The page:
In a world where the cost of "customer acquisition" is often priced in the tens of dollars -- if not the hundreds -- Rosetta Stone has just acquired an online language learning community for the grand total price of just $0.53 -- a mere 53 cents -- per customer. Considering that Rosetta's own computer-aided language courses can cost $350 and up, if Rosetta can convert just one Livemocha member out of 700 to its paid course offerings, this deal will pay off in spades.
And with 16 million Livemocha members to toss ads at, chances are good the company can manage that 0.15% success rate. At least.
That's the grand total that Rosetta Stone pays for Livemocha and its 16 million customers, a mere $8.5 million. It's the number that works out to the $0.53-per-subscriber cost. It's also an amazingly cheap price to pay for taking out -- or to be polite, bringing in-house -- a rival that if left out in the wild, could have disrupted Rosetta's pay-for-service business model by offering Livemocha language training online for free.
$8.5 million is also a small price to pay to arm Rosetta Stone with a "freemium" online service of its own, with which to check online rivals such as Google's (NASDAQ: GOOGL ) YouTube, where more and more free educational videos seem to be appearing with each passing day. (The paid language education world shudders at the thought of a free "Khan Language Academy.") Incidentally, it's a weapon Rosetta can employ on offense to challenge and undercut for-pay language offerings from McGraw-Hill (NYSE: MHFI ) and Walt Disney (NYSE: DIS ) -- very popular in China.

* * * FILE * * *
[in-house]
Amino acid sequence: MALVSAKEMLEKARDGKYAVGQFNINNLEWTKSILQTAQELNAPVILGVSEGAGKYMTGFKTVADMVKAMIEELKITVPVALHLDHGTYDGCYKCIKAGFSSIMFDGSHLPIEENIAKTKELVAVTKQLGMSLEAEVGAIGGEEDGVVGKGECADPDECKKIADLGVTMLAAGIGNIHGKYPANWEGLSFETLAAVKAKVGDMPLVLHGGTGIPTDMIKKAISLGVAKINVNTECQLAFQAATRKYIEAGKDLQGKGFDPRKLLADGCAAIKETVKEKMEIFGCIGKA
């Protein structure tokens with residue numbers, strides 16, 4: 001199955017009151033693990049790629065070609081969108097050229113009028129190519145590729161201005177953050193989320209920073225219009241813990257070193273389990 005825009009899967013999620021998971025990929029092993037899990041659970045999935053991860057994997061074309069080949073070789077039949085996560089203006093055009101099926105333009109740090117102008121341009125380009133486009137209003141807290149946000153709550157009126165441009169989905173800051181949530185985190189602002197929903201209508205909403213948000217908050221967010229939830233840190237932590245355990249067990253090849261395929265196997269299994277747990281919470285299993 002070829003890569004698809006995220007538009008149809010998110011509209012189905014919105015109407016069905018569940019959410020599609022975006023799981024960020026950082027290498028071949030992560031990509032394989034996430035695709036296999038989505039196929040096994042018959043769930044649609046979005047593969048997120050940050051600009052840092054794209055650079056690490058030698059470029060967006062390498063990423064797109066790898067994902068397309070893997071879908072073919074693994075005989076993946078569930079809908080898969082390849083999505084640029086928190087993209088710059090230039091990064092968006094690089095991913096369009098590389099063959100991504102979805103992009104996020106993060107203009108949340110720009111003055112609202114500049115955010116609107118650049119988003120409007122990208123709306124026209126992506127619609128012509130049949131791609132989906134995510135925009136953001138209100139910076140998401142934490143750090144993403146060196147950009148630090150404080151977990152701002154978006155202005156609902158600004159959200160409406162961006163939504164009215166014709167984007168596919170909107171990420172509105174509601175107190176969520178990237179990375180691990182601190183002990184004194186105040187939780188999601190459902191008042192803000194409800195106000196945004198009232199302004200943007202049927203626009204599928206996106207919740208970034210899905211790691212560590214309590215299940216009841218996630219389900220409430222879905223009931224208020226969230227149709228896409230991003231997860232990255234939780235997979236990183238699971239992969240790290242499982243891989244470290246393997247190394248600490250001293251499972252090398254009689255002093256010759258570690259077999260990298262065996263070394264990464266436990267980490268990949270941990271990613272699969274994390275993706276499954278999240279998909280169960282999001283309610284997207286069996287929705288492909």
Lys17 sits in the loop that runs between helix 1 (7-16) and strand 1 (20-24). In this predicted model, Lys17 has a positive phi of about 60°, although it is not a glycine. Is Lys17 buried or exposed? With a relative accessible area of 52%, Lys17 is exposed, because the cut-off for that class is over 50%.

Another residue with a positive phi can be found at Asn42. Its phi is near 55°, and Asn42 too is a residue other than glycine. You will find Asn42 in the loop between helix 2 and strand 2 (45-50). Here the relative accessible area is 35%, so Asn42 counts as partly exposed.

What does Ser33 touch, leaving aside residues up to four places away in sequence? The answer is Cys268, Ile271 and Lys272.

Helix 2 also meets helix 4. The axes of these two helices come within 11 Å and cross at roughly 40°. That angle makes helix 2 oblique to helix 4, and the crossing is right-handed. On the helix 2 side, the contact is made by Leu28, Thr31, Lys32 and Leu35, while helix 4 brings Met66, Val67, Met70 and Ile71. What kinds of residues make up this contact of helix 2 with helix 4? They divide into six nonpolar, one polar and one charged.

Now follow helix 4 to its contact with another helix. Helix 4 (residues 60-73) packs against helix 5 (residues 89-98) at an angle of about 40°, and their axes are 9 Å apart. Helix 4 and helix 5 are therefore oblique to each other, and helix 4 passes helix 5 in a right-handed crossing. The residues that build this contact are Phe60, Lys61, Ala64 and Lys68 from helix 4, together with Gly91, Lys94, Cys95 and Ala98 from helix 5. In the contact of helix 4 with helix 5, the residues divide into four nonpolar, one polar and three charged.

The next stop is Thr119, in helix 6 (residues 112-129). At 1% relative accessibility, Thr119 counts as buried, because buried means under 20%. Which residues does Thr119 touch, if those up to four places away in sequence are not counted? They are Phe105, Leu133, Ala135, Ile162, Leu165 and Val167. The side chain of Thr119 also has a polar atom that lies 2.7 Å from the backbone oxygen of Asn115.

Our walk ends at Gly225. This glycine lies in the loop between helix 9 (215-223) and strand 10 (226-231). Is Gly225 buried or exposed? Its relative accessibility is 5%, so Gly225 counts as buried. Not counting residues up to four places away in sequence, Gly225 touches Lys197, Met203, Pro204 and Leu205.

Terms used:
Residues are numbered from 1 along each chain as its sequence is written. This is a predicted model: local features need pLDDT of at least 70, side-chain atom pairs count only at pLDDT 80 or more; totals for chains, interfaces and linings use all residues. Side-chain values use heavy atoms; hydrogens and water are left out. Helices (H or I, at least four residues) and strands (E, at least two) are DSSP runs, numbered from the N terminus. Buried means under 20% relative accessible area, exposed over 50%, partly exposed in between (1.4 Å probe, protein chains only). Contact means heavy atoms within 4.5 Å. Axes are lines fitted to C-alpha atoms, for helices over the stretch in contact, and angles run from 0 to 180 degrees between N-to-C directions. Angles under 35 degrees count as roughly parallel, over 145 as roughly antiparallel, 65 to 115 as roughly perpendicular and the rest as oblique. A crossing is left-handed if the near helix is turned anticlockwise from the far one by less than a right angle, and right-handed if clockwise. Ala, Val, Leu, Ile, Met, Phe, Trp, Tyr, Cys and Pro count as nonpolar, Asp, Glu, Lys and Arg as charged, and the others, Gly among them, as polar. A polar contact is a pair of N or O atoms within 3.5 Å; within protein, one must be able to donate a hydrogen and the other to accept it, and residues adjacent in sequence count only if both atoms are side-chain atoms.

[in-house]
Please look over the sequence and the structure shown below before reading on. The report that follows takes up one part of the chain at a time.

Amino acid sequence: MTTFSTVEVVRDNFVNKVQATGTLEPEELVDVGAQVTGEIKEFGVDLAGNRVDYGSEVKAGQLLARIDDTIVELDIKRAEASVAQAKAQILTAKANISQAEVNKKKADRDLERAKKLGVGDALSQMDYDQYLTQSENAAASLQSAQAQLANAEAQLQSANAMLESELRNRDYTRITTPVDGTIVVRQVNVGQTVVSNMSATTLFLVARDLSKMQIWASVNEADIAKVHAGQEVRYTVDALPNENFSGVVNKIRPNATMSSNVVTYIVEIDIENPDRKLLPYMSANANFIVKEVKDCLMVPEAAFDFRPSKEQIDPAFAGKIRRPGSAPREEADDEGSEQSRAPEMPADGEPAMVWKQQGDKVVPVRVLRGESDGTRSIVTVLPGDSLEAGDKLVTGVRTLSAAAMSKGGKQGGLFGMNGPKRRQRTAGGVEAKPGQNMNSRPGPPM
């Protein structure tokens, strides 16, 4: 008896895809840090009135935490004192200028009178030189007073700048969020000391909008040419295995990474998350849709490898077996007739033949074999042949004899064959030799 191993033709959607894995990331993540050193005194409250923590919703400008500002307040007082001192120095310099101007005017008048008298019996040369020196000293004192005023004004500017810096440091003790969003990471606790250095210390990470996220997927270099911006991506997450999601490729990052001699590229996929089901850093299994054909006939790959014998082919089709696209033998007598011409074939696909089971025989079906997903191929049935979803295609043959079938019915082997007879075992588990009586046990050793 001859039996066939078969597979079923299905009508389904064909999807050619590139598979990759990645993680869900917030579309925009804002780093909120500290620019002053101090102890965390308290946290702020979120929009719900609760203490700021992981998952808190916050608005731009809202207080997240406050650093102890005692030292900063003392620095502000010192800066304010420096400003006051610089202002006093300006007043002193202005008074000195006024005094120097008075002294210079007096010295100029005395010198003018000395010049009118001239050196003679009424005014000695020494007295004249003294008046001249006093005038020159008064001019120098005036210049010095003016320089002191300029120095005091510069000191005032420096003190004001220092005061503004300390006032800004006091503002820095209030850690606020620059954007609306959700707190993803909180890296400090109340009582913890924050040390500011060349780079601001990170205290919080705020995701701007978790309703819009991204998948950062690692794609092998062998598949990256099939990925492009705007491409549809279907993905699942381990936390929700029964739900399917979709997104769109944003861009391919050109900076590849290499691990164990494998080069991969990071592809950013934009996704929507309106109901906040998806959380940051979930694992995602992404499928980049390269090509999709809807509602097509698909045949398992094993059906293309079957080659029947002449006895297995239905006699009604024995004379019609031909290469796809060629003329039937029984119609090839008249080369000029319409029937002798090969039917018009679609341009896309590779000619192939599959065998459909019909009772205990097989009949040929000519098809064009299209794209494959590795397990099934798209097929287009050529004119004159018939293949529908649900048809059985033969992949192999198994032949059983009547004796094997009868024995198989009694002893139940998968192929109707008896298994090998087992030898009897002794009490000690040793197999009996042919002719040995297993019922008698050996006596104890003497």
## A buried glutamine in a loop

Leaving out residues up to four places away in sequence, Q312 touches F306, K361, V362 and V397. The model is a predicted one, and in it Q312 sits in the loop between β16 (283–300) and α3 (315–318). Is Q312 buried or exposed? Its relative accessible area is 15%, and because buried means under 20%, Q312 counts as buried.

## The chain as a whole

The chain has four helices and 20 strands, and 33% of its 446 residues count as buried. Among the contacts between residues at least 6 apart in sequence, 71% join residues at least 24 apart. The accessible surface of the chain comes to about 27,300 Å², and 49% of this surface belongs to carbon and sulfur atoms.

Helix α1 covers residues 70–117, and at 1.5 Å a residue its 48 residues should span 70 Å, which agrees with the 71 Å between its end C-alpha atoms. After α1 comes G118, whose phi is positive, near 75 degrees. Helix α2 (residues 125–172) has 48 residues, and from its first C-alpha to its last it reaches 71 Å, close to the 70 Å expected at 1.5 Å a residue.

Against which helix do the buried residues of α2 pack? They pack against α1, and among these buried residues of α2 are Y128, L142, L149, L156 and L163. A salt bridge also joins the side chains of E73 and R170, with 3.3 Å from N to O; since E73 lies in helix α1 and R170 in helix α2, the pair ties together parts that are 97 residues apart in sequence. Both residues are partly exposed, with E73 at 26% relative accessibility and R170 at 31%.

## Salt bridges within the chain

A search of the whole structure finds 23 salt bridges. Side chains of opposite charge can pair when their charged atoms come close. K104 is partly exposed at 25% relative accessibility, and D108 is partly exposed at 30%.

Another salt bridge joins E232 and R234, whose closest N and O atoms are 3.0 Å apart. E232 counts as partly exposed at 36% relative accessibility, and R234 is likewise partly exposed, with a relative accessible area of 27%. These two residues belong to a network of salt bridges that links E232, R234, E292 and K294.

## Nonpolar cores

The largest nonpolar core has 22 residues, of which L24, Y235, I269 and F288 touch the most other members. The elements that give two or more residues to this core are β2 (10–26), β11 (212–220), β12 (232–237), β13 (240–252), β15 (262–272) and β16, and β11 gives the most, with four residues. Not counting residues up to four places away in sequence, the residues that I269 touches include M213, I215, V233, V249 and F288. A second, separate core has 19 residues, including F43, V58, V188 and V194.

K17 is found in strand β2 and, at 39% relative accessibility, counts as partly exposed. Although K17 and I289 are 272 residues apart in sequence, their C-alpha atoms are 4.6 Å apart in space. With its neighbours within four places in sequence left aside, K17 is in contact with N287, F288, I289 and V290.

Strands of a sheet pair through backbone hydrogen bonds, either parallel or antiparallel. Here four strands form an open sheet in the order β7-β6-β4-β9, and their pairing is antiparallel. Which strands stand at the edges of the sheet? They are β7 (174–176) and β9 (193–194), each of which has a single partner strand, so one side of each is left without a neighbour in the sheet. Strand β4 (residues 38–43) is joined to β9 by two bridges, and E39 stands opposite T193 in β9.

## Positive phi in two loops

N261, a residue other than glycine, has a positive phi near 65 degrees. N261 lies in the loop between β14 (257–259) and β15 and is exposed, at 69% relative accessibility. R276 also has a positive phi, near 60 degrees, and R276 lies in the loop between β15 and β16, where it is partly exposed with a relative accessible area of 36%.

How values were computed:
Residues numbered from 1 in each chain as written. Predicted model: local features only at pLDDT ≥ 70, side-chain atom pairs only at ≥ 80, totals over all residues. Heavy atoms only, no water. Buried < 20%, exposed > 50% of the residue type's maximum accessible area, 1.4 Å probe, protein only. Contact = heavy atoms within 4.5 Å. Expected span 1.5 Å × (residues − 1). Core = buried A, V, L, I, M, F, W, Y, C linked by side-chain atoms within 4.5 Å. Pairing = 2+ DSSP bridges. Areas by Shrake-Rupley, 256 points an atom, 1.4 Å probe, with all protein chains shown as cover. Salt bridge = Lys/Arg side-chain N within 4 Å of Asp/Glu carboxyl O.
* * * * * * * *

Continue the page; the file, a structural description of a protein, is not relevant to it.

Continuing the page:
Admittedly, not all investors will like the idea of Rosetta Stone anteing up $8.5 million for a language company that gives away its services for free -- charging zero dollars up-front. But if you ask me, Rosetta's making a smart move. On one hand, the company now has 16 million potential for-pay customers to market its products to. On the other hand, there's a wealth of options available to Rosetta to turn Livemocha into a real, profitable business.
Just off the top of my head, Rosetta could pick the best online tutors on Livemocha today, and encourage them to charge a small fee for their services -- then offer this service as an add-on, and simply skim a small percentage of the fees off the top for itself.
In short, this is a deal that's great news for Rosetta Stone. It's neutral to Google. As for McGraw-Hill and Disney -- they just got a march stolen on 'em.
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